I went to the archives of the House today and listened to what the Prime Minister did say. What did he say? In answer to the question, he said: The answer to your question is, yes". What was that question? The question referred to substantial decommissioning of weapons. The Prime Minister added: of course it is the case that both in respect of taking seats in the government of Northern Ireland and the early release of prisoners". He said that organisations could not take seats until there was substantial decommissioning, and that prisoners could not be released until there was substantial decommissioning.

Why has that disappeared? Why do the Government not stand by what the Prime Minister said? They went to Northern Ireland to campaign, and wrote on the walls what would happen. We all know that no such thing could happen. We had an agreement, which cannot be altered. It is a multi-party agreement. It cannot be altered by the Prime Minister or by the right hon. Member for Upper Bann (Mr. Trimble). It stands, and it has to stand. I do not often agree with the hon. Member for Hull, North (Mr. McNamara), but what he has said in the House on this issue is right. The agreement cannot be changed.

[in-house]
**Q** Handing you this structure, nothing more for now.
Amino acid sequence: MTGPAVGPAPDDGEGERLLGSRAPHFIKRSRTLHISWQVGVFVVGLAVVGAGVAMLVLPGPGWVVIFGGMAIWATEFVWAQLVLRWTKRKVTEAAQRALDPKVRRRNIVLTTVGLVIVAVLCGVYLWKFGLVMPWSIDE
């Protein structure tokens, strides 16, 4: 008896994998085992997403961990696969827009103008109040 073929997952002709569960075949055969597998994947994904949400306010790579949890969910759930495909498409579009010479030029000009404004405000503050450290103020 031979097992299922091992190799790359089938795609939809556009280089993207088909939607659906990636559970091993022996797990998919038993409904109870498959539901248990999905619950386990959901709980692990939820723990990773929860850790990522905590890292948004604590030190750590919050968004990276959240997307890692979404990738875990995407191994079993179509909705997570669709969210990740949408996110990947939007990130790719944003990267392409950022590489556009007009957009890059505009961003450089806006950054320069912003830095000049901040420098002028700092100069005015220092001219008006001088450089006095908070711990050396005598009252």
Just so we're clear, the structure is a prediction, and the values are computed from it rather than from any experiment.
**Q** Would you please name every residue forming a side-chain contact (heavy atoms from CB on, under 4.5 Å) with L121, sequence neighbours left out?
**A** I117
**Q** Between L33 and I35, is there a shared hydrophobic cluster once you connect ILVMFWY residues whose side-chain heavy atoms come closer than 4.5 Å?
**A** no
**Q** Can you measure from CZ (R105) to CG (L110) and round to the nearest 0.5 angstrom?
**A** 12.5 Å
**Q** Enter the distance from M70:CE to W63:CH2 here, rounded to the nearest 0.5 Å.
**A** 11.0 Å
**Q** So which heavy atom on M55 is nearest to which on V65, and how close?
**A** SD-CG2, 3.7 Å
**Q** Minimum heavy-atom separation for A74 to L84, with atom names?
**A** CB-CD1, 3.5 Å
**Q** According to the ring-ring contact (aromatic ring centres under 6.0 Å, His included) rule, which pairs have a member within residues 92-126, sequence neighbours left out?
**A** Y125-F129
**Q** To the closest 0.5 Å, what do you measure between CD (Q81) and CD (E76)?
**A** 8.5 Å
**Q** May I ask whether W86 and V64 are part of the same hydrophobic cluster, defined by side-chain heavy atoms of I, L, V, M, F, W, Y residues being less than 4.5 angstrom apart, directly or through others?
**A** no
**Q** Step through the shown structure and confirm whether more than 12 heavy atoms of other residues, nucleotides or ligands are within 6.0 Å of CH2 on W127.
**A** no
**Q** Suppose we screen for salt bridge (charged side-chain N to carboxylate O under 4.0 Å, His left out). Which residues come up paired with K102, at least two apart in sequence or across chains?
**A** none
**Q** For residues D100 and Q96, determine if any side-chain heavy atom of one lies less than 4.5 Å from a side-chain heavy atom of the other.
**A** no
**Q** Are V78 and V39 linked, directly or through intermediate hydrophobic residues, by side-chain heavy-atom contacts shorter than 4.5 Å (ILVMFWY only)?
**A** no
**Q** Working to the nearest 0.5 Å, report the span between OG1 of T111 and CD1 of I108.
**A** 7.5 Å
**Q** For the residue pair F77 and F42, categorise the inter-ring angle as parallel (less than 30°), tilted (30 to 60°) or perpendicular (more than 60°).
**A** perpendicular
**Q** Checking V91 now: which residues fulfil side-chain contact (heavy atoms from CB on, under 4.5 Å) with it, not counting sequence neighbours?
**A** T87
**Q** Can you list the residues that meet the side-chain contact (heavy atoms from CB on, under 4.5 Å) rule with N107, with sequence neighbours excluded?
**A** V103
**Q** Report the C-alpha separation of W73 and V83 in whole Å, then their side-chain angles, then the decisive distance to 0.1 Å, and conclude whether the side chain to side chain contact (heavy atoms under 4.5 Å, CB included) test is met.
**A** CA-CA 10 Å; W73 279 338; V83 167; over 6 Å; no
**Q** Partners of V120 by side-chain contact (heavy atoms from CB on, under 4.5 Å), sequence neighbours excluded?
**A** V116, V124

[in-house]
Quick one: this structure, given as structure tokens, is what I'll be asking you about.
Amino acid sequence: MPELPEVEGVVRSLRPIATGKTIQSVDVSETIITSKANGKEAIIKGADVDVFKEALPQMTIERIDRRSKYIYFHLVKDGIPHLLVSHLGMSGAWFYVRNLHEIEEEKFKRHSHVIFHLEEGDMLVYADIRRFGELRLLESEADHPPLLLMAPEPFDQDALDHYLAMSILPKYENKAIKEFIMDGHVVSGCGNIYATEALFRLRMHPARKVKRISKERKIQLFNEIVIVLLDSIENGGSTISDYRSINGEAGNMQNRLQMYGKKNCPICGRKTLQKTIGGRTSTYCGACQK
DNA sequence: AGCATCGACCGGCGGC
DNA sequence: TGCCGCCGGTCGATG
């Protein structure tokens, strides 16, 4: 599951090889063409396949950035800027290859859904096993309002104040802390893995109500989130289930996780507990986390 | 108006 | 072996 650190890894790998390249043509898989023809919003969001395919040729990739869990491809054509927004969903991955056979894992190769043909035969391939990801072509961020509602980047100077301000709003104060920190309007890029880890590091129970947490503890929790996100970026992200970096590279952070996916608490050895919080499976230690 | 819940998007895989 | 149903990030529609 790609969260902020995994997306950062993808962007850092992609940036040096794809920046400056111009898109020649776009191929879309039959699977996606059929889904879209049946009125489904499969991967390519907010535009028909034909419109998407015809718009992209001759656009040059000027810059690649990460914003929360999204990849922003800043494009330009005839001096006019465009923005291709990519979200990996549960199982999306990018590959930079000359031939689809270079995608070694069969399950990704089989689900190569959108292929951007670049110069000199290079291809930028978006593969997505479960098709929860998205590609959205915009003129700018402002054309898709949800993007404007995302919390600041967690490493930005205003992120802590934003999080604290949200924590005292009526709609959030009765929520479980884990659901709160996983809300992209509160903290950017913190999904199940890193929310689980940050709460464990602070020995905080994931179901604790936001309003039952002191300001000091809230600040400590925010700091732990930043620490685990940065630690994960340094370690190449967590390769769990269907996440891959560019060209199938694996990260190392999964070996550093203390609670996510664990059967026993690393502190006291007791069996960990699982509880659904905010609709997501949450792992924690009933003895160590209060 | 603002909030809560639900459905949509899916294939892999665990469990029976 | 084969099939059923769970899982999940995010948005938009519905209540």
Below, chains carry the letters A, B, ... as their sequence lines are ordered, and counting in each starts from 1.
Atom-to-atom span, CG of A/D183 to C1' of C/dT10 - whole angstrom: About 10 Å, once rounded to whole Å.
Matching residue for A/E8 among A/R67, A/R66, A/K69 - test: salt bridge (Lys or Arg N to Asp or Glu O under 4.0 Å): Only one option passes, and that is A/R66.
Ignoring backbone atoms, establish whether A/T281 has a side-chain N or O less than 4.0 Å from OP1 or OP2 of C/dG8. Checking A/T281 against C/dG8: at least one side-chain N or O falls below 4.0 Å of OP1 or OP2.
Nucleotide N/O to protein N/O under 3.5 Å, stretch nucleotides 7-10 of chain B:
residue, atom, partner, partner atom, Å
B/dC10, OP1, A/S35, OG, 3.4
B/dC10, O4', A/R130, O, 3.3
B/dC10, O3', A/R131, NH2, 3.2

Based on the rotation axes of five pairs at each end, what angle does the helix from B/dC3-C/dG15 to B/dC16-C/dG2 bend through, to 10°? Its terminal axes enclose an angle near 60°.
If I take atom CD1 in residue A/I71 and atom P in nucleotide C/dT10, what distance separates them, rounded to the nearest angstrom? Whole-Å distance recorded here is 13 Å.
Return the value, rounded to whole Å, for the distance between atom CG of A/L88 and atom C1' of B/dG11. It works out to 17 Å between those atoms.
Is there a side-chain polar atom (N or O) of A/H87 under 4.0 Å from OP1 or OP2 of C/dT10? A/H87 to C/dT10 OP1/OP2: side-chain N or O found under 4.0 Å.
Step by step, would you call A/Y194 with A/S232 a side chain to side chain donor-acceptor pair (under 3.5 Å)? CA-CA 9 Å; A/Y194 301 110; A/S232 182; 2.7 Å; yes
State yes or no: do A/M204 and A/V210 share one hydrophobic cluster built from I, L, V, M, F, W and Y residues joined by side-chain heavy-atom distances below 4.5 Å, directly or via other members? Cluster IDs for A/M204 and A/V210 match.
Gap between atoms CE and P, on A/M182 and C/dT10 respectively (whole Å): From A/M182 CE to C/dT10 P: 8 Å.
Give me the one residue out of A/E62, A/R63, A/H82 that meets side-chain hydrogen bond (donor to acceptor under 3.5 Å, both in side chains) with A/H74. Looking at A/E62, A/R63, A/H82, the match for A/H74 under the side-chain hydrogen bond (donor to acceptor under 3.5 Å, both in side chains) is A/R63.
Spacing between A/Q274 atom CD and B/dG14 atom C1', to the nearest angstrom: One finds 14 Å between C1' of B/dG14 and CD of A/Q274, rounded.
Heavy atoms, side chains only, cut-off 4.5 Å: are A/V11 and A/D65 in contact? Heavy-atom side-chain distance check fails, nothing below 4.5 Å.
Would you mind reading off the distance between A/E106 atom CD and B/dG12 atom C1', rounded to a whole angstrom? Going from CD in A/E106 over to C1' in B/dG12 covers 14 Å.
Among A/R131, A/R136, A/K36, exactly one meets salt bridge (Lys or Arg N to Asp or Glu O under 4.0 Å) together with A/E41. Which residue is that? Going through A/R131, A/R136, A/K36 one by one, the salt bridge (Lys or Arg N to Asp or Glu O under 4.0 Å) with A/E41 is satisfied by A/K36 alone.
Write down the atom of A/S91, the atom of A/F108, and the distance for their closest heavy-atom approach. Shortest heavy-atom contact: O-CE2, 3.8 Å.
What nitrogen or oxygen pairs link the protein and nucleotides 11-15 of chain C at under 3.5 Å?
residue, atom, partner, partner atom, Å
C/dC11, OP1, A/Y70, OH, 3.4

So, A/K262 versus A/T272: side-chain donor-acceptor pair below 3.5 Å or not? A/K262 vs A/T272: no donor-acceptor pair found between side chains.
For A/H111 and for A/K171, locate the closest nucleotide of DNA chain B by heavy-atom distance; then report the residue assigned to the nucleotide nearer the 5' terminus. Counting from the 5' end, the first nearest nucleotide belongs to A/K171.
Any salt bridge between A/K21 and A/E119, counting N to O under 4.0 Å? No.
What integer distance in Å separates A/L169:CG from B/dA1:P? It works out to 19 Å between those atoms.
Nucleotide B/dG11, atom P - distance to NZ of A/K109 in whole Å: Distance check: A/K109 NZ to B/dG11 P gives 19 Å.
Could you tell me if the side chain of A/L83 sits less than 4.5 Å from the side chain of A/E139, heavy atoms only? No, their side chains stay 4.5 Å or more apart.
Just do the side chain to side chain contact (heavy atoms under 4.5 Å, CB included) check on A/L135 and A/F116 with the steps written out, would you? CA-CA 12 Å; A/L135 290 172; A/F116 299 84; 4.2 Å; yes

In the referendum, people were asked to vote on the strength of promises made by the Prime Minister. We now find that the Prime Minister could not meet those promises, and they disappeared from Hansard.

6 pm

Mr. Deputy Speaker

Order. Perhaps the hon. Gentleman knows that Madam Speaker is looking into that matter. We shall not come to any conclusions until Madam Speaker reports back to the House.

Rev. Ian Paisley

With respect, I have a right in the House to say what I know. If people say that what I have said is not right, they can look at the video and hear the words. As a Member of Parliament, I have a right to go to the archives, listen to the tapes and say what I saw. I am glad that—

Mr. Deputy Speaker